North Korea threatens South Korea ahead of attack anniversary

South Korean protesters hold defaced portraits of North Korean leader Kim Jong Un during a rally in Seoul against the north.
(Ahn Young-joon)

Nearly two years after North Korea bombarded a South Korean island with deadly fire, it threatened Wednesday to strike again as South Korea plans military drills and memorial ceremonies on the attack anniversary.

The North Korean assault on Yeonpyeong two years ago came as the South Korean military held drills nearby, an act the northern nation called “preparation for an invasion.” South Korea plans to conduct military exercises in the area again Friday, the second anniversary of the attack.


A South Korean Marine Corps official told Yonhap news agency that it would simulate combat scenarios including “an unprovoked attempt to occupy the island,” which lies near a disputed maritime border. The military will not use live fire in artillery drills, the Marine Corps official told Yonhap. It’s unclear if that will mollify Pyongyang, which lashed out this week in state media.

“The warmongers, failing to draw a lesson from a bitter defeat … are making desperate efforts to seize this as an occasion of igniting a war against the north,” its state news agency reported.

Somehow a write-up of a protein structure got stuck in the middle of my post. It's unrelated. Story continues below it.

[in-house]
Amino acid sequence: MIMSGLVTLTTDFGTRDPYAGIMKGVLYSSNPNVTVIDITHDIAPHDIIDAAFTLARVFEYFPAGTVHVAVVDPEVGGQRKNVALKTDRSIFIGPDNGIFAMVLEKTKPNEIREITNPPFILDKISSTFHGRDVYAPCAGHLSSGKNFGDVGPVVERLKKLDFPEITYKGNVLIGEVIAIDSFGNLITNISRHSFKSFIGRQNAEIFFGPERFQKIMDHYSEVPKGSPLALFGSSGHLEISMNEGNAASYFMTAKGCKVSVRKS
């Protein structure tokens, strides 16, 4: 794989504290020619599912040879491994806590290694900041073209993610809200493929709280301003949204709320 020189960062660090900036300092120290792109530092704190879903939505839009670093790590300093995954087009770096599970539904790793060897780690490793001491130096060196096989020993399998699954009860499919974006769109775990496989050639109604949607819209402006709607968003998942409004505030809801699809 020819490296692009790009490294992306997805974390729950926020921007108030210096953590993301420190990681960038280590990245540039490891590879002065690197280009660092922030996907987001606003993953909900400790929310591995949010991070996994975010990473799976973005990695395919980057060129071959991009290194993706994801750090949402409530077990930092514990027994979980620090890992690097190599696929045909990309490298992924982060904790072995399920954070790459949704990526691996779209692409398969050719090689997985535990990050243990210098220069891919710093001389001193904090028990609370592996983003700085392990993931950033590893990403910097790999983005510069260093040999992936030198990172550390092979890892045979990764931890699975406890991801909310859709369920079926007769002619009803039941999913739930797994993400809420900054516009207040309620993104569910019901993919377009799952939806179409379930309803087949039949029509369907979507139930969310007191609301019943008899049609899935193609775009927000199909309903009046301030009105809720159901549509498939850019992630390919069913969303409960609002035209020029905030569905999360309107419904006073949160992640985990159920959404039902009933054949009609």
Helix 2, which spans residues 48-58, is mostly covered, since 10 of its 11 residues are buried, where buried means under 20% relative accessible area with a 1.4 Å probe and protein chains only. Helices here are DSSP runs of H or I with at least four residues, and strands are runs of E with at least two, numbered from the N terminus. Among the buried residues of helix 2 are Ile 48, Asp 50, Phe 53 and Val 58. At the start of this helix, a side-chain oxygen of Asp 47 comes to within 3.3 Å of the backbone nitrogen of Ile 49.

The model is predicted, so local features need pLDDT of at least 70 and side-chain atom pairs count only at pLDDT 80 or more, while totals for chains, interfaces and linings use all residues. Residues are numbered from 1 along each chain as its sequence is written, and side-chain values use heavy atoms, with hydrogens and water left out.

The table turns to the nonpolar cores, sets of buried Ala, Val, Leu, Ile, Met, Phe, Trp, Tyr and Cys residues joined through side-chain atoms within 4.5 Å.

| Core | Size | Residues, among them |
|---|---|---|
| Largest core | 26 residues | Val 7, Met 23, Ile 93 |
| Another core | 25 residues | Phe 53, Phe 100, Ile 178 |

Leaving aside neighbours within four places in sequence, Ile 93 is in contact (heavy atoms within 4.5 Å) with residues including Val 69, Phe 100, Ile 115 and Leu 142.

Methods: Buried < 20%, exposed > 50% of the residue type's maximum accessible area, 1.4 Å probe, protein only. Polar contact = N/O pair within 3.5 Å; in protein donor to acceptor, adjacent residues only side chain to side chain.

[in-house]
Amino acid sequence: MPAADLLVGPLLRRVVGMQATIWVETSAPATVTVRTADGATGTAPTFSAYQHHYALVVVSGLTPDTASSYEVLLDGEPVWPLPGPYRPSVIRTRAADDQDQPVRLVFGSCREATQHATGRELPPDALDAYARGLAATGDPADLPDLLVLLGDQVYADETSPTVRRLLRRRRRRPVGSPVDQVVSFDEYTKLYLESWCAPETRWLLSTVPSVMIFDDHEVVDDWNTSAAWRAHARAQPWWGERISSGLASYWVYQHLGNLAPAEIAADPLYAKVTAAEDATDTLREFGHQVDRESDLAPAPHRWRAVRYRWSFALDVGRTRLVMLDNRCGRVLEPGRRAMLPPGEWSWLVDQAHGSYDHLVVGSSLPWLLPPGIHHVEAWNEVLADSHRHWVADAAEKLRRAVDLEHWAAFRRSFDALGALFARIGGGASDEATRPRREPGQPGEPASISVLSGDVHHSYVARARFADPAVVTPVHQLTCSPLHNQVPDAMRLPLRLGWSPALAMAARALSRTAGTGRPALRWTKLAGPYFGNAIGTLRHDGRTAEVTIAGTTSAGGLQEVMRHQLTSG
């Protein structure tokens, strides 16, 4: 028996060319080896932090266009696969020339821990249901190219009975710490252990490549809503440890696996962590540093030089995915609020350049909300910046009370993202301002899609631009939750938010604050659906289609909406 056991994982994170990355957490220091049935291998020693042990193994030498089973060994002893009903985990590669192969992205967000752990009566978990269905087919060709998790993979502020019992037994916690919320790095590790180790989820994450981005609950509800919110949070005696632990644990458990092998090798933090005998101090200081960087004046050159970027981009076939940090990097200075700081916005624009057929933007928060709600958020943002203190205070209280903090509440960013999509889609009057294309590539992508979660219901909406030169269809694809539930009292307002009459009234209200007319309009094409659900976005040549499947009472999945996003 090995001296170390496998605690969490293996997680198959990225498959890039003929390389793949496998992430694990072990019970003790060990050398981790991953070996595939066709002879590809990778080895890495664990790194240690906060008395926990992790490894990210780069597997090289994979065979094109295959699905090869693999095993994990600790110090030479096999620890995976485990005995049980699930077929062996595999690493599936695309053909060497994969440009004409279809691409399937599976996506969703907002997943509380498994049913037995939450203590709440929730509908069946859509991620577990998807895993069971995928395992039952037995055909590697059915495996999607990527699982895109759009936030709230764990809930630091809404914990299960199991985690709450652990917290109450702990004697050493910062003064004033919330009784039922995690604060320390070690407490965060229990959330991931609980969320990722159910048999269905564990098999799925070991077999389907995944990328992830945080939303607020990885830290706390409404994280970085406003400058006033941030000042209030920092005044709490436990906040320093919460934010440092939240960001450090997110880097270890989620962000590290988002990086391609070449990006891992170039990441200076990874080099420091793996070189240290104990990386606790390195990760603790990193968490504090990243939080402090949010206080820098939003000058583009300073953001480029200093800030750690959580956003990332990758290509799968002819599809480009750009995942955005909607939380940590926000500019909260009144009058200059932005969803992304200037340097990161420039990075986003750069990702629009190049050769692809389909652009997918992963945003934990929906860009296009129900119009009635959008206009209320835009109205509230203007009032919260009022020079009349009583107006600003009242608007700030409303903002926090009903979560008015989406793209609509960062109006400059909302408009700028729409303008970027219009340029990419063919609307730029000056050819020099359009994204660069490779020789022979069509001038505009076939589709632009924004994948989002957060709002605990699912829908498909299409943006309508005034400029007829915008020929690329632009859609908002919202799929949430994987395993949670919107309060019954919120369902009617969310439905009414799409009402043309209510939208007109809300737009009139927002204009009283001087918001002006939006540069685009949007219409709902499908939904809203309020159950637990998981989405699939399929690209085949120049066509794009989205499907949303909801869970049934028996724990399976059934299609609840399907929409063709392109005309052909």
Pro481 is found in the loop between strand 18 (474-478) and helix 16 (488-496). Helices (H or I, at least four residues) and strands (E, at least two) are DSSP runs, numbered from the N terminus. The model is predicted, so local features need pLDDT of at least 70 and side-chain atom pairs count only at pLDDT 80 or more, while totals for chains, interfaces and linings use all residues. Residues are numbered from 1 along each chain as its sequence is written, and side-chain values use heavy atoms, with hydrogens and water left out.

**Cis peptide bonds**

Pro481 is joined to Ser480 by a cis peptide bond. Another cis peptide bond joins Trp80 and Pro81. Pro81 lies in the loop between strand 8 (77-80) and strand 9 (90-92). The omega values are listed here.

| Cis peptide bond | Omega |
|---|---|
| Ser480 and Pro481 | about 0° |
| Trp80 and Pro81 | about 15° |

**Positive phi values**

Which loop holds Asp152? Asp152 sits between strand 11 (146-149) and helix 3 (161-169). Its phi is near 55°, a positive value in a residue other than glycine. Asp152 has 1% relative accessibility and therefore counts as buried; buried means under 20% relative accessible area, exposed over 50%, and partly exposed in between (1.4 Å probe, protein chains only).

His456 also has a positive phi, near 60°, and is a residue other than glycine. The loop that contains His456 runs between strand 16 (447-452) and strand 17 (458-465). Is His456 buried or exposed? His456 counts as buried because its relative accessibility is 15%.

Marking the anniversary with drills and ceremonies “will lead to the second Yeonpyeong Island disaster,” a North Korean army spokesman told the Korean Central News Agency.

Four people were killed in the barrage two years ago, one of the most serious clashes on the peninsula in decades. The ensuing furor led to the resignation of the South Korean defense minister and thrust the country back into a Cold War mentality after years of growing contact with the northern nation.


The North Korean threat spurred rallies Thursday in Seoul, where protesters burned North Korean flags and hoisted signs with the defaced picture of leader Kim Jong Un.

The anniversary and the surrounding tensions come a month after President Lee Myung-bak visited Yeonpyeong, the first South Korean leader to do so. Some speculate the president has been drawing attention back to the North Korean threat and other territorial disputes to bolster the image of his party before elections next month.


South Korean Defense Minister Kim Kwan-Jin argued North Korea might be eyeing the elections for its own reasons. “North Korea could commit provocative acts in order to inject fears of war into South Koreans before the election,” Kim told the Agence France-Presse.


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